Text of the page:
i've sampled a real world process, network ping times. The "round-trip-time" is measured in milliseconds. Results are plotted in a histogram:
Ping times have a minimum value, but a long upper tail.
i want to know what statistical distribution this is, and how to estimate its parameters.
Even though the distribution is not a normal distribution, i can still show what i am trying to achieve.
The normal distribution uses the function:
with the two parameters
- μ (mean)
- σ2 (variance)
The formulas for estimating the two parameters are:
Applying these formulas against the data i have in Excel, i get:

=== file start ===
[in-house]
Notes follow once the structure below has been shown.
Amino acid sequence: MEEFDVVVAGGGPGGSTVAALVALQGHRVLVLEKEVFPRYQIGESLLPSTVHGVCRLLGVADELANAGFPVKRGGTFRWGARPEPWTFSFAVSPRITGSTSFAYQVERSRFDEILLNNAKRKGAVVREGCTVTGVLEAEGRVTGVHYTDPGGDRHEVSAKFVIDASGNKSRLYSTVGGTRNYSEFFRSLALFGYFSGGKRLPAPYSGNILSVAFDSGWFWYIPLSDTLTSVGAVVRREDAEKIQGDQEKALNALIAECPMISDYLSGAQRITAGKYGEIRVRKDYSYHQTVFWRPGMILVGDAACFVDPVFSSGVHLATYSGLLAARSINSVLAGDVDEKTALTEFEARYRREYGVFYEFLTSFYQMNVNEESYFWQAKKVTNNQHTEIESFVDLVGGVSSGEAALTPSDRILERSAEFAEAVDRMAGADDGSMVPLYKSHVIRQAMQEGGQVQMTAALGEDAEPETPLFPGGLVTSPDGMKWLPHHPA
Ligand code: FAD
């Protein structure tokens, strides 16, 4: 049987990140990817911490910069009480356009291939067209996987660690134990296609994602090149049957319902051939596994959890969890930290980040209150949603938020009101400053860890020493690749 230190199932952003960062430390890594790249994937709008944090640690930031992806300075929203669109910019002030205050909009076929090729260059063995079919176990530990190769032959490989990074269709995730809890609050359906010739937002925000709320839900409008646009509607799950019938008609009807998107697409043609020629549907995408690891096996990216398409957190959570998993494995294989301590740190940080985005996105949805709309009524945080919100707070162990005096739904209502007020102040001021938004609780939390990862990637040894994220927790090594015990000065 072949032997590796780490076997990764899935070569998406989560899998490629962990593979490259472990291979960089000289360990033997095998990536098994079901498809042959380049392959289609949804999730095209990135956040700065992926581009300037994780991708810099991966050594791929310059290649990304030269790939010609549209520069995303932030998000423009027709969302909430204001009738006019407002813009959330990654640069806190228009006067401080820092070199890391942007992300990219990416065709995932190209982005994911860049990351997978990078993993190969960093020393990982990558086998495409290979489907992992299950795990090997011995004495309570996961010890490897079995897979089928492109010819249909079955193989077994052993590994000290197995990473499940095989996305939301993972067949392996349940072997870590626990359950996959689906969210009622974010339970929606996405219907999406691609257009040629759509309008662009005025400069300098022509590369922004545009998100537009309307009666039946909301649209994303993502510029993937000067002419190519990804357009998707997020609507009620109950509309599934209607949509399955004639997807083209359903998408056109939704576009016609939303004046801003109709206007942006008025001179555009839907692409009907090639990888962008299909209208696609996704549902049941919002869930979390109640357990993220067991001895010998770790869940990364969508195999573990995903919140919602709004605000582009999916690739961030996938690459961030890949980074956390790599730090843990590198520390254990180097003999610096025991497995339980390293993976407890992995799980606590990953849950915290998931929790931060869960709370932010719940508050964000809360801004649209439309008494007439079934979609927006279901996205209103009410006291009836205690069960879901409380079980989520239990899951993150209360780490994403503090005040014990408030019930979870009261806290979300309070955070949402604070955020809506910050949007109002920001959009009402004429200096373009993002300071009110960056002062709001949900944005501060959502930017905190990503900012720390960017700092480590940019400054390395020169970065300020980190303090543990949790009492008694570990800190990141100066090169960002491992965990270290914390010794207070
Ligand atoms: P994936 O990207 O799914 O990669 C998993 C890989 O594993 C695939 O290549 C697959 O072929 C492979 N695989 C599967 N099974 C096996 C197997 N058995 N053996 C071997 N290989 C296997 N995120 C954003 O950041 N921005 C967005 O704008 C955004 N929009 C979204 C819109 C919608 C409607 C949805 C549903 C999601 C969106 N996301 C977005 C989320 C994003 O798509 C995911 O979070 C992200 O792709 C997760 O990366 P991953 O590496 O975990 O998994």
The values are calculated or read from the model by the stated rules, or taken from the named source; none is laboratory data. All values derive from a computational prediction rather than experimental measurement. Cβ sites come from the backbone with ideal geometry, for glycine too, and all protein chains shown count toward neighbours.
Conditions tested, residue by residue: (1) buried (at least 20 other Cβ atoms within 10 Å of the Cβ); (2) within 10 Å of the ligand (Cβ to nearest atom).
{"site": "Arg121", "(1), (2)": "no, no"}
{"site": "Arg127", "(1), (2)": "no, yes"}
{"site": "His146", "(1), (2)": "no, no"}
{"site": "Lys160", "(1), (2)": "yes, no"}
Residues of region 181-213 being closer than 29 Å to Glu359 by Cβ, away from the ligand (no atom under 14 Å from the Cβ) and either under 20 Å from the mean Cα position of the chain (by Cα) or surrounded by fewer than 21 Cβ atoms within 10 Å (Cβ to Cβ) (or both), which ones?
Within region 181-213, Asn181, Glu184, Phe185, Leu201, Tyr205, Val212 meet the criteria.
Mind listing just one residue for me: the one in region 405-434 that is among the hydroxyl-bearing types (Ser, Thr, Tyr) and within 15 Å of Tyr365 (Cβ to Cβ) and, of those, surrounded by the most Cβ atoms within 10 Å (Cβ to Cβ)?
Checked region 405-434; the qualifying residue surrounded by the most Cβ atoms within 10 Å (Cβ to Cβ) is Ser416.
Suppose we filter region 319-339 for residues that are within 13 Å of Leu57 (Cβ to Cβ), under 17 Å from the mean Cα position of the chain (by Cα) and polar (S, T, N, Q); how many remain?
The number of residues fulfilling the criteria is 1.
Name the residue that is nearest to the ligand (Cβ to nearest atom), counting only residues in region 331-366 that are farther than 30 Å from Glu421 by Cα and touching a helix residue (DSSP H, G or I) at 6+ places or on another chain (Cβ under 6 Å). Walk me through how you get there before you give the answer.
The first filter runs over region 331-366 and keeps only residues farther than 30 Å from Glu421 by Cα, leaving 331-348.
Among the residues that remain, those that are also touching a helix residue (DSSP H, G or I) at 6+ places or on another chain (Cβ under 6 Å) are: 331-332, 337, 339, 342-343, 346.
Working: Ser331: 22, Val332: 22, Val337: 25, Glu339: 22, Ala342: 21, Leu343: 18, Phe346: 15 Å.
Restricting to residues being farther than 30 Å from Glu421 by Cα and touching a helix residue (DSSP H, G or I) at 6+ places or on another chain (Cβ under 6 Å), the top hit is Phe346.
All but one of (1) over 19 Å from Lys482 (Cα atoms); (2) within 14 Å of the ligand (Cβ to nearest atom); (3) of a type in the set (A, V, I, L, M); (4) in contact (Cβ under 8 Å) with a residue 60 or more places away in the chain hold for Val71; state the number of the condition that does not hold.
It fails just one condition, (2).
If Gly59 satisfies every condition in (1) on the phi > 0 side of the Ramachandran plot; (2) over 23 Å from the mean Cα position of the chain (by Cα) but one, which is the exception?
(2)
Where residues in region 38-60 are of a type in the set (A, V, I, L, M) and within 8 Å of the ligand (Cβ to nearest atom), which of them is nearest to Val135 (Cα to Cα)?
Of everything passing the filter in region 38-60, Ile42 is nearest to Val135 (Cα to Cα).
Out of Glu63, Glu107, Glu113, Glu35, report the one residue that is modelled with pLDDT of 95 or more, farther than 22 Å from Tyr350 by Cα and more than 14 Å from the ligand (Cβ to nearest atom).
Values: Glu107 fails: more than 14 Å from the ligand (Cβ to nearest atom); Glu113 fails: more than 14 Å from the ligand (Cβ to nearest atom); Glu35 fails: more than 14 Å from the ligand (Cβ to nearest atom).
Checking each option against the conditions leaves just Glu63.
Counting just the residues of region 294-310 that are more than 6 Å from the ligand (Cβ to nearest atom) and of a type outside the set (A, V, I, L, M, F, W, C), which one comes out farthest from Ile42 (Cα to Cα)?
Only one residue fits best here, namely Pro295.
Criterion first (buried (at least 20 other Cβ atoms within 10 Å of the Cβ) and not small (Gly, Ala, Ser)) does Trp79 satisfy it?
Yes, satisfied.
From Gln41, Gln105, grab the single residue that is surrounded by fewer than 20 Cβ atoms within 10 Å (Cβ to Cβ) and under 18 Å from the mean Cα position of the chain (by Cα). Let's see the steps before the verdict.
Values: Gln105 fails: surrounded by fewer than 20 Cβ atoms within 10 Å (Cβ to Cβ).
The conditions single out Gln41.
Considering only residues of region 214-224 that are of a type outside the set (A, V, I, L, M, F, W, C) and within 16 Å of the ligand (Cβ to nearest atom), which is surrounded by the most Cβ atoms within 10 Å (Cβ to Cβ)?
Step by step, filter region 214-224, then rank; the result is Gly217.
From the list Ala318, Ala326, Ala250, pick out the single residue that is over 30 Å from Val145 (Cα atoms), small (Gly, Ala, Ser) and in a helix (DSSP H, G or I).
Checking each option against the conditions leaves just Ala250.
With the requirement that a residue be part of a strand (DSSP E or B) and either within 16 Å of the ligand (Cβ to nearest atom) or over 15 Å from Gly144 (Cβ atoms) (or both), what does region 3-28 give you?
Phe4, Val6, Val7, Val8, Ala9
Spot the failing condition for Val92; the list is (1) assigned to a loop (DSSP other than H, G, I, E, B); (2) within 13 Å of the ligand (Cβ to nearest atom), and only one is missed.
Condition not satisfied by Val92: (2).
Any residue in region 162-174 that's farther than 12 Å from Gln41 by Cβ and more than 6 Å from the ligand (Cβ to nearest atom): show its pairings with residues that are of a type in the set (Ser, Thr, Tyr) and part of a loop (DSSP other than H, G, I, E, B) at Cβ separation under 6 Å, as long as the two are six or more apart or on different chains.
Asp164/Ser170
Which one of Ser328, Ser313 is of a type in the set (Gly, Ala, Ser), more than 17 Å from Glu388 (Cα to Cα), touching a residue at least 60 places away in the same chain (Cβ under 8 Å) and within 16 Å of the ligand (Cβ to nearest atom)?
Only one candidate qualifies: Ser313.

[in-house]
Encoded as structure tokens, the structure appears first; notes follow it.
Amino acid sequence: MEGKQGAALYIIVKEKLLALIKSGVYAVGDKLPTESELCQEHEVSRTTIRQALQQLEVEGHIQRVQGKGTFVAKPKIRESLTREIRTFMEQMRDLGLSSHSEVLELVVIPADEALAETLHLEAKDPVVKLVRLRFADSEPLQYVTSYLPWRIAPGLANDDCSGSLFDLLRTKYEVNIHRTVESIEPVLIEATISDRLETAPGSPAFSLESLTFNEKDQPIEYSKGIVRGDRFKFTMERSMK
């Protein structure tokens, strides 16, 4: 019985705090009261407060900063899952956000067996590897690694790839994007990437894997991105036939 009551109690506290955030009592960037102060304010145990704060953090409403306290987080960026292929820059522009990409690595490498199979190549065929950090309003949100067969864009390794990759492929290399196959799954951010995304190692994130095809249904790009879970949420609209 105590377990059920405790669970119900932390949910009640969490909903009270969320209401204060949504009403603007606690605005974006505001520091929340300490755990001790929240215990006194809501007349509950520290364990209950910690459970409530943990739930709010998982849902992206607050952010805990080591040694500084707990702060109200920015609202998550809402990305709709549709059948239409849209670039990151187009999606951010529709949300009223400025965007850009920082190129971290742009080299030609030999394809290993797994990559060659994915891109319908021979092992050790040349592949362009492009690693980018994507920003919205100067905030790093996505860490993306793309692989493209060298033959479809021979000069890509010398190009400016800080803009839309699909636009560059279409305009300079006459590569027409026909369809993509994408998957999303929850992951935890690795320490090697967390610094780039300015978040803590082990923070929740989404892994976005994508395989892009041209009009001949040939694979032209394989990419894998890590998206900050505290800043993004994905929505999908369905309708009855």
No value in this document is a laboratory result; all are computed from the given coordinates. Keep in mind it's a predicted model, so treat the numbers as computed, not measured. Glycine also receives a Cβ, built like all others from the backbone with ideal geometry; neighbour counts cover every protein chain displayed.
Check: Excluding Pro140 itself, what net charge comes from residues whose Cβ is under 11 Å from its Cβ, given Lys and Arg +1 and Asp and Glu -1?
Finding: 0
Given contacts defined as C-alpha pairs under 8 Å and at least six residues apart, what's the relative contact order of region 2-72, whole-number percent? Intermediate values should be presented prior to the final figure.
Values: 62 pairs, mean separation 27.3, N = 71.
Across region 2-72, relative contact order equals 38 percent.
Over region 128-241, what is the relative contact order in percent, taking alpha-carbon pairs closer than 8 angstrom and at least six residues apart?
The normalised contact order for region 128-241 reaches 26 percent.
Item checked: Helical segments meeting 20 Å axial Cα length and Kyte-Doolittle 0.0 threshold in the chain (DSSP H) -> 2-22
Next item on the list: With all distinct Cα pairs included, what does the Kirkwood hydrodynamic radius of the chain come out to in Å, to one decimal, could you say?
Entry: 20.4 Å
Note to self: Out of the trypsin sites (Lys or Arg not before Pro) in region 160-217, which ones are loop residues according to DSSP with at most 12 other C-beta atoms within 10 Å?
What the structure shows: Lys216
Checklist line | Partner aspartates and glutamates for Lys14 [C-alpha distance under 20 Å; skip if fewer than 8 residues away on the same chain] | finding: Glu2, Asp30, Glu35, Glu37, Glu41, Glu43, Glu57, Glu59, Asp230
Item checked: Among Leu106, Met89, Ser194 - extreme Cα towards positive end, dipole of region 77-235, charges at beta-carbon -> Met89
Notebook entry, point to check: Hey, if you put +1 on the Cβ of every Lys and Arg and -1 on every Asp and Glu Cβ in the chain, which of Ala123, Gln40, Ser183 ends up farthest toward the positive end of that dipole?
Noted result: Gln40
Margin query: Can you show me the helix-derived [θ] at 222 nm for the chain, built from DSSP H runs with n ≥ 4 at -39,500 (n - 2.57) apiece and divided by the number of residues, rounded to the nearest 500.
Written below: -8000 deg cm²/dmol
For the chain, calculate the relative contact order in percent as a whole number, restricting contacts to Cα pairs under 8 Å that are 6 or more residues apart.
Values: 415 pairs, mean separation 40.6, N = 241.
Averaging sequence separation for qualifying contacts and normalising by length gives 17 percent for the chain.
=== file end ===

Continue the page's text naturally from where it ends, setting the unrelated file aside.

- μ = 10.9558 (mean)
- σ2 = 67.4578 (variance)
With these parameters i can plot the "normal" distribution over top my sampled data:
Obviously it's not a normal distribution. A normal distribution has an infinite top and bottom tail, and is symmetrical. This distribution is not symmetrical.
What principles would i apply, what flowchart, would i apply to determine what kind of distribution this is?
And cutting to the chase, what is the formula for that distribution, and what are the formulas to estimate its parameters?
i want to get the distribution so i can get the "average" value, as well as the "spread":
i am actually plotting the histrogram in software, and i want to overlay the theoretical distribution:
Tags: sampling, statistics, parameter-estimation, normal-distribution